Although politics unsurprisingly crept into the post-storm discourse, many people were careful not to turn the Dorian response into a political circus and were willing to support the government in its relief efforts.

Minnis in fact scolded the official opposition for “playing politics” at a time when national focus was needed to tackle the disaster.

Campaign mode does not benefit the government and it does not benefit the people the government serves.

While the initial shock of the hurricane has worn thin, little progress has been made to restore the devastated communities.

Today, hundreds of people on Abaco and Grand Bahama remain in dire need. Some of them have relocated to New Providence, other islands and elsewhere, still trying to find some semblance of normalcy.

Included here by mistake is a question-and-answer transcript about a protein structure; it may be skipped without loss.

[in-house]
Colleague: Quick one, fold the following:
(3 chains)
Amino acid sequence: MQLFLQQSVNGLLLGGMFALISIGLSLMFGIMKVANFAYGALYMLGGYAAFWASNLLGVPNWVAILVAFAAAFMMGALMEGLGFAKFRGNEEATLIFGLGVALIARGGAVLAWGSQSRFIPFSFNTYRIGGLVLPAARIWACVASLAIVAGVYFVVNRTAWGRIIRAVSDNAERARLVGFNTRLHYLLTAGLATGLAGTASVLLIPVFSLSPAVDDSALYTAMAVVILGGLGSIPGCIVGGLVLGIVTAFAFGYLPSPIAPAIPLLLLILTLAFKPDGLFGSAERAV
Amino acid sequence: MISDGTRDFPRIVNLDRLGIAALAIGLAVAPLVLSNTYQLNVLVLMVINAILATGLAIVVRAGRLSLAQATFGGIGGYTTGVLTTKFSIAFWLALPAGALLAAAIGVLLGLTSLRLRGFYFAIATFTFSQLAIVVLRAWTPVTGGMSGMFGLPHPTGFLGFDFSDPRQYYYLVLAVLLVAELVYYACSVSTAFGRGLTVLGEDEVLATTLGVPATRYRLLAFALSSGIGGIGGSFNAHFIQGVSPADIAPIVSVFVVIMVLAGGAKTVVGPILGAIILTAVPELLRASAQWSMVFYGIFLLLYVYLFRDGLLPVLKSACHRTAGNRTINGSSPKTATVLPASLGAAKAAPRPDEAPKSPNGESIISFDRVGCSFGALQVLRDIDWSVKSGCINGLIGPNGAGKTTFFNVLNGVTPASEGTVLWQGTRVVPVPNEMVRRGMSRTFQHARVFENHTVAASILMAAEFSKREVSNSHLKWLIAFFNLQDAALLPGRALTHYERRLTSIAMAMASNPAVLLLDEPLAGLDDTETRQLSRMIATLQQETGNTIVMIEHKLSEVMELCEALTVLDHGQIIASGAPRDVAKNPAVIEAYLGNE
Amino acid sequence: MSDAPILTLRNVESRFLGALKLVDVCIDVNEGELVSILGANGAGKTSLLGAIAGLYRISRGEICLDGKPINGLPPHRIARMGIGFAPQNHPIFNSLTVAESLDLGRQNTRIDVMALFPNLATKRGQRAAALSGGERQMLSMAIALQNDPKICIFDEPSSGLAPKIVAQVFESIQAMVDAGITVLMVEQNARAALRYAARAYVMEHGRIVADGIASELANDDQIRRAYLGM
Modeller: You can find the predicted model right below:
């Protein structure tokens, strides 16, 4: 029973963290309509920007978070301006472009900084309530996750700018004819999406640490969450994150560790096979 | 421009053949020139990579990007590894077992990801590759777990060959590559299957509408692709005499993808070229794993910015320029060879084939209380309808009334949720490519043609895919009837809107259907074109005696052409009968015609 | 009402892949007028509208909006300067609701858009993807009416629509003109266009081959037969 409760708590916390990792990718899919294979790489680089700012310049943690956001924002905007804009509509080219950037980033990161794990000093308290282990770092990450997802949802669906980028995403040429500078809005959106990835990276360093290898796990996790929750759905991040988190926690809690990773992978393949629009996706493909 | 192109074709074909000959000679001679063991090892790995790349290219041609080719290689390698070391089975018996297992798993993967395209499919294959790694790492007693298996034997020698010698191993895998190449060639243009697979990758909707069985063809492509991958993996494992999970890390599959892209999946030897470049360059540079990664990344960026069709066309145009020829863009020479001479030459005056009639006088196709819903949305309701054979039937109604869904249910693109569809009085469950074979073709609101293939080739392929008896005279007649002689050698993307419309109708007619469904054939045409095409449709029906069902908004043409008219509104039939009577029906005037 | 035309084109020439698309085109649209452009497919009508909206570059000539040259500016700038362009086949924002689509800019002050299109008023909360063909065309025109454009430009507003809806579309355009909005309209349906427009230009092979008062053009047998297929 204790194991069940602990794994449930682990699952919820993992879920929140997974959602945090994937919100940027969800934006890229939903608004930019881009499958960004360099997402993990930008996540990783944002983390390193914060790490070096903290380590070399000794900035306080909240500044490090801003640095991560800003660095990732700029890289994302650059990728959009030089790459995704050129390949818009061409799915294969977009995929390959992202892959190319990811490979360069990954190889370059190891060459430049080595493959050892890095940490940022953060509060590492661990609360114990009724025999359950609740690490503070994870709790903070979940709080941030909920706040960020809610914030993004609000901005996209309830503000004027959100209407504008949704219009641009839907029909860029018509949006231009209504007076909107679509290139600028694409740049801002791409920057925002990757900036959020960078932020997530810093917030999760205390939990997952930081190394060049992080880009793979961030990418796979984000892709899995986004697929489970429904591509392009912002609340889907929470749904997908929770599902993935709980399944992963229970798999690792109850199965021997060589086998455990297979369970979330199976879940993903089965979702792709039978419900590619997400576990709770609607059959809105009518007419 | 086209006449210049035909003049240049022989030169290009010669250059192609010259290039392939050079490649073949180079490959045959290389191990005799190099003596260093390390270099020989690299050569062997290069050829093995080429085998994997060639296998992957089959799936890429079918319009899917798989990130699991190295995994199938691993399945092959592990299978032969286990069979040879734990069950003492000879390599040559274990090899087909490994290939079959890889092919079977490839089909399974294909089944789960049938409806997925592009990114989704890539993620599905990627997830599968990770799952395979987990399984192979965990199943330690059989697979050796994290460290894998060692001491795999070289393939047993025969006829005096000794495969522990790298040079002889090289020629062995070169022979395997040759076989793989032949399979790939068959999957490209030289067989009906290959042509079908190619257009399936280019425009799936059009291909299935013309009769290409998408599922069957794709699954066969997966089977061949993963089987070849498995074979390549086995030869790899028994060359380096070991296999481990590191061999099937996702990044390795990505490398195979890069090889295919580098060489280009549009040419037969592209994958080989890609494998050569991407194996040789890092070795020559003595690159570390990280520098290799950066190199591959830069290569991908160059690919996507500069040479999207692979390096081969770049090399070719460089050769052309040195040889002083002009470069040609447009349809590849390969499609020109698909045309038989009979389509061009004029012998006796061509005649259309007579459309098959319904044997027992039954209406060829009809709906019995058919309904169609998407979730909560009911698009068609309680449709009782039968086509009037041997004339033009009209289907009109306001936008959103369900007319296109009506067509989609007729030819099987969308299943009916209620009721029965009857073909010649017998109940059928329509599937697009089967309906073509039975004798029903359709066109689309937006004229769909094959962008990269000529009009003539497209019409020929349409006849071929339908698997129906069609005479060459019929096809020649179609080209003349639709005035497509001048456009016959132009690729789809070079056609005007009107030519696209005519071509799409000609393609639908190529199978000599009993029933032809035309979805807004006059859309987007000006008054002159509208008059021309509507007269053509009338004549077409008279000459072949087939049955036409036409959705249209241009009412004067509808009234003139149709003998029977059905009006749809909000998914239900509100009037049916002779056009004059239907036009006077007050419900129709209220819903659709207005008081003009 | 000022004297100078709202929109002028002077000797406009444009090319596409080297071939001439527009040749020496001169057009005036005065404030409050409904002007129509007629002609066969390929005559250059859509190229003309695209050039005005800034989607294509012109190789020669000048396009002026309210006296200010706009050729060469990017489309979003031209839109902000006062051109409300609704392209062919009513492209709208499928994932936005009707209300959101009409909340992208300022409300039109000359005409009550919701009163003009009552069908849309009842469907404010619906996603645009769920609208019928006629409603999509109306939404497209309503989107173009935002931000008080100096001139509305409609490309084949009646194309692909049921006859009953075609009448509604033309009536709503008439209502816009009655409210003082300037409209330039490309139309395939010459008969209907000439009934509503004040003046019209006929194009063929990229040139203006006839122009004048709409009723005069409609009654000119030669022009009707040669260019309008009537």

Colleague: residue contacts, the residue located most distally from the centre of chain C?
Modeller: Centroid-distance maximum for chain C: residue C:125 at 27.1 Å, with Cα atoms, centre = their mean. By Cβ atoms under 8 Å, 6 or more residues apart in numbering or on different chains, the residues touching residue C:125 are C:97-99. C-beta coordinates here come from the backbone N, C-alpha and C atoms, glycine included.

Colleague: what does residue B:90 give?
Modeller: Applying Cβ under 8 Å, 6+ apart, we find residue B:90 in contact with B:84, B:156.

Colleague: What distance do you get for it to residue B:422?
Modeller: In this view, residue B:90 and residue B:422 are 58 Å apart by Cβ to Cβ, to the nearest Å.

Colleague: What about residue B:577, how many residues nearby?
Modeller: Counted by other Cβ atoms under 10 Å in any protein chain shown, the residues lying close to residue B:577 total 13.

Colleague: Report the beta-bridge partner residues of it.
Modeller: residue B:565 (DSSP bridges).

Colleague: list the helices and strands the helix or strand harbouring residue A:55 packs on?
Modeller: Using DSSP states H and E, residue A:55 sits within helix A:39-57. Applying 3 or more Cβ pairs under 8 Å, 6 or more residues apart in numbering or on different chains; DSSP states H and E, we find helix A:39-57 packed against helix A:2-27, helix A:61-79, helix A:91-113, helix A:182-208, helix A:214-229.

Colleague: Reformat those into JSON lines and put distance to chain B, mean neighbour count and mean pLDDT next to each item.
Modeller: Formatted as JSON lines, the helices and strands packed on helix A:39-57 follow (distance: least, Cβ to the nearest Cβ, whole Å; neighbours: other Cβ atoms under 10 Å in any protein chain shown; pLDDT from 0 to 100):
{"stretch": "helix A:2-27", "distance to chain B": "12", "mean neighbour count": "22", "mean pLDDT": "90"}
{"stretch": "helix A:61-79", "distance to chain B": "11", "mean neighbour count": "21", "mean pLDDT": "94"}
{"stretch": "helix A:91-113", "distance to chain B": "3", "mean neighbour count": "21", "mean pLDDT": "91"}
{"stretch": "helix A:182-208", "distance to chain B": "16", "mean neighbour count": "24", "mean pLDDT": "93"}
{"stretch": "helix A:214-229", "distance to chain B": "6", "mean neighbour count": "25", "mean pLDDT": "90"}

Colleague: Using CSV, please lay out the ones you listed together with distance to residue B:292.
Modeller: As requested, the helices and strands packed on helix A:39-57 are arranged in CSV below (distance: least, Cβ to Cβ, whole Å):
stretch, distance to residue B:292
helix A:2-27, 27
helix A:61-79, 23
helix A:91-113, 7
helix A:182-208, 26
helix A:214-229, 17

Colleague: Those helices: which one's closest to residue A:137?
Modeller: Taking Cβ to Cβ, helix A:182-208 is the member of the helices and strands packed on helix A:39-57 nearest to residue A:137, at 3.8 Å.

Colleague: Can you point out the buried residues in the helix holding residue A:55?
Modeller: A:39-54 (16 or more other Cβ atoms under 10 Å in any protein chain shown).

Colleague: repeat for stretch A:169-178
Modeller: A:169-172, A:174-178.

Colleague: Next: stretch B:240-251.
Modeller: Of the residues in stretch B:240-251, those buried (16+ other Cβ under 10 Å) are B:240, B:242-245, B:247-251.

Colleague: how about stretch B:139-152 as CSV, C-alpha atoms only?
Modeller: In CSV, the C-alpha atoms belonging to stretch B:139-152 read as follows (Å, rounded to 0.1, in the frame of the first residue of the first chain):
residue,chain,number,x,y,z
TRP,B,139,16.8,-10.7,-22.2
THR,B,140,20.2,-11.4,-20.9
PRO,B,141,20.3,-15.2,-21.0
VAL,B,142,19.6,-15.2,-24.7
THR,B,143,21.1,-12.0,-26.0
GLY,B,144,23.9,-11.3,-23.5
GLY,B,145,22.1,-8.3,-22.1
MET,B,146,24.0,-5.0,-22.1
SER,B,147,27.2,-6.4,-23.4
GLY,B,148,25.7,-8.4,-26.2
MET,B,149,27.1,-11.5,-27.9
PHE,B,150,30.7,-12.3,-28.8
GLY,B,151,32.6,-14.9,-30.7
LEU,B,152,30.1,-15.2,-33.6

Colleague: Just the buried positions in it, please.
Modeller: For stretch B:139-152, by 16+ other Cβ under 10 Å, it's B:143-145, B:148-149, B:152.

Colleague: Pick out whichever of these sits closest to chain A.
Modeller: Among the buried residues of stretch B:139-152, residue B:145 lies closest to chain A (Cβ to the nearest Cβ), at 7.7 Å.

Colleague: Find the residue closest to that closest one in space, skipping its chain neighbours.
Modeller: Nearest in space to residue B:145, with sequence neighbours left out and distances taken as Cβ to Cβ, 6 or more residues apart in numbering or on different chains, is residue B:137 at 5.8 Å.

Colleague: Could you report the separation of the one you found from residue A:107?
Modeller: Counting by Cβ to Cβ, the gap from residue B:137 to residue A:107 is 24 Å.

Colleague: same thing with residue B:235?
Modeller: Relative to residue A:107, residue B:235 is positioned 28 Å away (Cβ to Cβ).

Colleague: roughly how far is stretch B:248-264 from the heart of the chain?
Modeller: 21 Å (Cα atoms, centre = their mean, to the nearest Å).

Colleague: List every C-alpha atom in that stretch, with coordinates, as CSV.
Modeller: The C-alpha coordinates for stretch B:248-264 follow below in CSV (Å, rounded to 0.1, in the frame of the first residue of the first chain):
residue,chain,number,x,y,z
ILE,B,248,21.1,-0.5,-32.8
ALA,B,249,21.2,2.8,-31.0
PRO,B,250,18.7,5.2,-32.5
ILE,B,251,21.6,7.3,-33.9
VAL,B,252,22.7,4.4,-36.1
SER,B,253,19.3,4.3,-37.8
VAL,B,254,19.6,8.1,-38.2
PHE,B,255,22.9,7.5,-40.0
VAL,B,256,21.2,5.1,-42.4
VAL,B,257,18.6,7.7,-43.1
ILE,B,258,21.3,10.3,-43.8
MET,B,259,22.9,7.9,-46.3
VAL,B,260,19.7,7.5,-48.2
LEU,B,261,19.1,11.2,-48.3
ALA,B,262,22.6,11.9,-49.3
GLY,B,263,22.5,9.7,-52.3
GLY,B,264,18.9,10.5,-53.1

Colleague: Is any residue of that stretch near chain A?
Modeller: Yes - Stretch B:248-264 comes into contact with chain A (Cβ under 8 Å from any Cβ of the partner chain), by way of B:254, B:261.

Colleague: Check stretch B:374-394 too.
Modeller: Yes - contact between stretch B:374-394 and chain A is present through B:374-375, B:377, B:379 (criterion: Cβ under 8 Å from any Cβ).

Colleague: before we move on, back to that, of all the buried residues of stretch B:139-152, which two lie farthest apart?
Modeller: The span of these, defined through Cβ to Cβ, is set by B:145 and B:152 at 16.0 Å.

Many lost family members; many are still reported as missing.

The storm was an unprecedented event. The government cannot achieve such a mammoth task of restoring devastated communities alone.

If the country is divided, that task becomes even more difficult.

Promoting unity

Minnis in the past has spoken of the value of bipartisanship and of governing for all Bahamians.

It was a message he had in his first speech as FNM leader in May 2012.

“We have the unique ability to view governance from both sides of the aisle,” Minnis said. “We will be bipartisan in our goal to improve life for all Bahamians no matter one’s political persuasion. But we will also be single-minded in opposing the government whenever it seeks to divide this country for its own narrow ends.”

Five years later, in May 2017 after the FNM was voted into office, the new prime minister discouraged division.

“I promise you, we promise you, that we will govern for all Bahamians: those who voted for us, those who did not vote for us and especially those who were unable to vote. I speak of the thousands of young Bahamians who are still in school or still at home,” he said.